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Today I’m going to be talking about improving endurance while practicing.
Not getting overly tired physically or mentally tired during practice is important because:
—You’ll be able to have longer practice sessions.
—You’ll accomplish more if you are not too mentally exhausted to focus.
So how can we increase our endurance during practice?
1. Make sure you have a proper warm up routine.
—Warming up will slowly warm up your body and mind. This will make it much less frustrating to practice because your warmed up body will be less likely to fail and failure can be frustrating.
—Warming up will also decrease the chance of experiencing pain while practicing. Pain can be a big motivator to stop practicing. Common pains are usually in your back and shoulders.
—Warming up will decrease your chances of injury, which will make it easier to practice longer because of the lack of pain.
2. Take breaks. Taking breaks is probably the easiest way to get a much longer practice session in while not feeling overly tired. Most people can only focus for a maximum of about 45 minutes. If you find your mind wondering and see that you are getting to impatient to properly practice with the metronome etc, then take a 10 or 15 minute break. For example, you can practice 40 min, then break then another 40 minutes then a break, then another 40 minutes. The point is, you practice in 35-45 minute blocks of time.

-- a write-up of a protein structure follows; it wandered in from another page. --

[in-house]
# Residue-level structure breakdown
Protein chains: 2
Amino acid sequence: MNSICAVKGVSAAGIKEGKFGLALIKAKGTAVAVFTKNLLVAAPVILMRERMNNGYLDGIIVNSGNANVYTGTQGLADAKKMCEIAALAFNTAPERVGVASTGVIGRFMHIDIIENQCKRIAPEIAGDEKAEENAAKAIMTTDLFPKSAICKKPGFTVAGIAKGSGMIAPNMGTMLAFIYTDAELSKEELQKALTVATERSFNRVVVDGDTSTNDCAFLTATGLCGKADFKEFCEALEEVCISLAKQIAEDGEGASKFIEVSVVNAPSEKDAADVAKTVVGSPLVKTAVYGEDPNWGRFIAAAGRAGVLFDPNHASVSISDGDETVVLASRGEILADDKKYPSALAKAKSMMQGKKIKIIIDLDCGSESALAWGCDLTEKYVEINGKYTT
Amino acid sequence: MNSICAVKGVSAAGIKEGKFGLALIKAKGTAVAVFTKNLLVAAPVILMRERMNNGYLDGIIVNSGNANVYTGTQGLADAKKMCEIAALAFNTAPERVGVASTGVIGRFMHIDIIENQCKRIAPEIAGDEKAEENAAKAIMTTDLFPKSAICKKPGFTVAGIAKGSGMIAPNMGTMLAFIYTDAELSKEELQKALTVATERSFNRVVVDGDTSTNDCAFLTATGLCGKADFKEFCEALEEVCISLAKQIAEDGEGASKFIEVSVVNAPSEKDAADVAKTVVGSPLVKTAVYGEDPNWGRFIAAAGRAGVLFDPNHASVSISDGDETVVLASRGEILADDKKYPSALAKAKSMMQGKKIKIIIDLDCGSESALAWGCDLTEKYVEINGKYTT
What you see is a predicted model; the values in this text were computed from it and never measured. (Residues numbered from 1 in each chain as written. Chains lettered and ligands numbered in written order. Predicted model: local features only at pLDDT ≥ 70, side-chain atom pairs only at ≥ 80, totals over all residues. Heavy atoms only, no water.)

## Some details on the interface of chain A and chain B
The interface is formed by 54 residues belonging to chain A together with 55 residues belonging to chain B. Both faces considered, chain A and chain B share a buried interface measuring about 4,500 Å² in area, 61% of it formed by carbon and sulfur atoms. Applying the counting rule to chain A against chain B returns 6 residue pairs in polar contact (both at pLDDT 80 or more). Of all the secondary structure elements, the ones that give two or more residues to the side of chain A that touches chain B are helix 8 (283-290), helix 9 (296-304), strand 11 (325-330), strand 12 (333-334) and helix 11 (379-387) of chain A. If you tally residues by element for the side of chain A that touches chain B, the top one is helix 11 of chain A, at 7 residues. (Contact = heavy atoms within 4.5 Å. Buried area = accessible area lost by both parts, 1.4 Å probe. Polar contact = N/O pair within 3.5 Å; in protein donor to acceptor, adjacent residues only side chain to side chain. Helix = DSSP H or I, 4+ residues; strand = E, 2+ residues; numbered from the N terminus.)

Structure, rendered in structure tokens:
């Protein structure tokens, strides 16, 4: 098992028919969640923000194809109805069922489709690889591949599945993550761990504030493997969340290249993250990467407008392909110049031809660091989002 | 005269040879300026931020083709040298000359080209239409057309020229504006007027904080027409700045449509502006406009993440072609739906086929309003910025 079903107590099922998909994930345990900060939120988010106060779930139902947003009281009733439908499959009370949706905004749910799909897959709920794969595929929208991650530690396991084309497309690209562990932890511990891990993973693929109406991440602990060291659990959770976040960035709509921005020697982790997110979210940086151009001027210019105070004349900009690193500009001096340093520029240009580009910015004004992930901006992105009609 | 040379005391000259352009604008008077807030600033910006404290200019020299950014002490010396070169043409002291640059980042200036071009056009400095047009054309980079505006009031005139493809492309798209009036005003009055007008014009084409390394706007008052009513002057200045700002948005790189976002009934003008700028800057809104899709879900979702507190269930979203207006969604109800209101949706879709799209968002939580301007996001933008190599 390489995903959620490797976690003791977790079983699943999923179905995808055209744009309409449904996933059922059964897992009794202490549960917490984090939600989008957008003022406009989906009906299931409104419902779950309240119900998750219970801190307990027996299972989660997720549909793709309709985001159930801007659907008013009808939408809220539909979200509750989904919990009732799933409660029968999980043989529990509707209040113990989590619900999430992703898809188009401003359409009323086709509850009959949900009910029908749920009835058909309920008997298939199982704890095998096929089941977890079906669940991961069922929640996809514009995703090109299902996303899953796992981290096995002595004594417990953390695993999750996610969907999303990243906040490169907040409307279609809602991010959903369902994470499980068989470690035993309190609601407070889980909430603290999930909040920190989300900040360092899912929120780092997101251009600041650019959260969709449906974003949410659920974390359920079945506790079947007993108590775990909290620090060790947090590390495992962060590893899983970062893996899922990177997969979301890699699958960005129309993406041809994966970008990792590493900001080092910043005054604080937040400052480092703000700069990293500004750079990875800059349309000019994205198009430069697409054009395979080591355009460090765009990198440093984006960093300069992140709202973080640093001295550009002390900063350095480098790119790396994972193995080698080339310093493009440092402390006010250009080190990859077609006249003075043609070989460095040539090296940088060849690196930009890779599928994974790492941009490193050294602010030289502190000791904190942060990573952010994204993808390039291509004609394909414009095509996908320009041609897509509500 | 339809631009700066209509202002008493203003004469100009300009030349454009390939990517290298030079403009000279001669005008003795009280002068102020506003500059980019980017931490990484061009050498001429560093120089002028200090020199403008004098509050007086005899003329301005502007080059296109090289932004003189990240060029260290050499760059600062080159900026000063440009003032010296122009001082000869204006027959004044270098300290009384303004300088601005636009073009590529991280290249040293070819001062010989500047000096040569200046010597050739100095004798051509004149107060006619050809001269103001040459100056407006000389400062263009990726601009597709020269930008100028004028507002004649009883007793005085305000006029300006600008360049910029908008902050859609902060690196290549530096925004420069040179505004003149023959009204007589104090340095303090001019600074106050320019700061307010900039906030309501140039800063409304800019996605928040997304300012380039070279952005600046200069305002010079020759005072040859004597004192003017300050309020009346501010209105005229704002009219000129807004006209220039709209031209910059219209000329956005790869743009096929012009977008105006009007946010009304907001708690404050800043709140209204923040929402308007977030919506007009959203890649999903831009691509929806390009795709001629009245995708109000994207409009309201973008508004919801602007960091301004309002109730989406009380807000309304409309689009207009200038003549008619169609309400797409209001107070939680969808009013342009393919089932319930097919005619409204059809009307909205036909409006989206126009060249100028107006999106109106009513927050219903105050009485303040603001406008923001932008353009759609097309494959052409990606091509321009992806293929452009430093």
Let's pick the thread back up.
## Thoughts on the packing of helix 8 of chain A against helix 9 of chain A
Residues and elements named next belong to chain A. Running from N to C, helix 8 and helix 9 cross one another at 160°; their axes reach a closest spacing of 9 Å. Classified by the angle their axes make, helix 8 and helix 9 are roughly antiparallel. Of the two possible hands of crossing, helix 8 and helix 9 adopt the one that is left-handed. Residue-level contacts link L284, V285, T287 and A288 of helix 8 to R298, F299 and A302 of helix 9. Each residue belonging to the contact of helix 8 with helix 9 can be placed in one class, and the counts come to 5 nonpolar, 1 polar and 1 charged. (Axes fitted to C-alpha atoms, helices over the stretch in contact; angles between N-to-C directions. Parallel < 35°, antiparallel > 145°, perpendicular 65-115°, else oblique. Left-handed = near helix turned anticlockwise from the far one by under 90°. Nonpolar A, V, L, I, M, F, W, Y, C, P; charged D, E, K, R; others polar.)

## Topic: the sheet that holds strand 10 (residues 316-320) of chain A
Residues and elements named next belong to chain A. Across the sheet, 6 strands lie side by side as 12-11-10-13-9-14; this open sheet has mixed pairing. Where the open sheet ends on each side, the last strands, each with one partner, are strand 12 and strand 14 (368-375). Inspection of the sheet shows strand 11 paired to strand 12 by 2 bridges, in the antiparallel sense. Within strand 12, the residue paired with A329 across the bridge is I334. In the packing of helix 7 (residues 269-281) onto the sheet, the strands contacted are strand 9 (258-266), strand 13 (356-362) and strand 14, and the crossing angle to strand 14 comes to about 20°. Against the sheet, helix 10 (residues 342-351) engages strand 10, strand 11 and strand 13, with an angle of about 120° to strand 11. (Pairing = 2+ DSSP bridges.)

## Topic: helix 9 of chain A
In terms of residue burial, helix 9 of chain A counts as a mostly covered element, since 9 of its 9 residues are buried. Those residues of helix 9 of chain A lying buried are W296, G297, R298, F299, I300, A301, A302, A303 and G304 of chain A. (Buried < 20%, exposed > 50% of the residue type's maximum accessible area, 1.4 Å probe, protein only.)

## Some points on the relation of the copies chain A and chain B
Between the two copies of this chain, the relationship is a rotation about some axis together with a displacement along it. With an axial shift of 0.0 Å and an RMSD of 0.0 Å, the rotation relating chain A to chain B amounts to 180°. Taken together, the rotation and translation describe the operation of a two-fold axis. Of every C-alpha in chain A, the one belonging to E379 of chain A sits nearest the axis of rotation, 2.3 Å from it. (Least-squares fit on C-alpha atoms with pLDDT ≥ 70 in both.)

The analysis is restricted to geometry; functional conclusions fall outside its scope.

—The easiest way to practice significantly longer is to divide your practice sessions in 2 parts. Perhaps you can practice in the morning and in the afternoon/evening. For example, each practice session will consist of two 40 minute sessions. Practice 40 minutes, take a 10 min break, then practice another 40 minutes. Later in the day, do the same thing and you’ll end up easily putting in at least 2.5 hours of practice every day and remain fresh and focused the whole time. Do this 3X per day and you can easily put in 4hours + practicing per day.
3. Mix up your practice session. Let’s say you have to practice 3 things besides your warm up. For example, you can do:
—Warm-up (scales and vibrato)
—Bach (two movements)
Instead of practicing your Bach for 45 minutes before you move on to something else, just practice back for 20-25 minutes and then your etude for 20-25 miniatures. Then go back to Bach and then to your concerto or etude. By breaking up your practice session with each individual piece, you are avoiding getting complacent and bored. Always try to keep it fresh and interesting!
4. Practice while sitting down. I suggest practicing most of your technical type of music sitting down. Orchestra music and etudes especially or when you are learning the notes/rhythms of any piece. Utilize standing practice for pieces that you will perform for an audience in the future. There are many benefits to standing while practicing that will help you be a better performer but all things that can be practicing sitting down, will save your energy.
Good luck and happy practicing!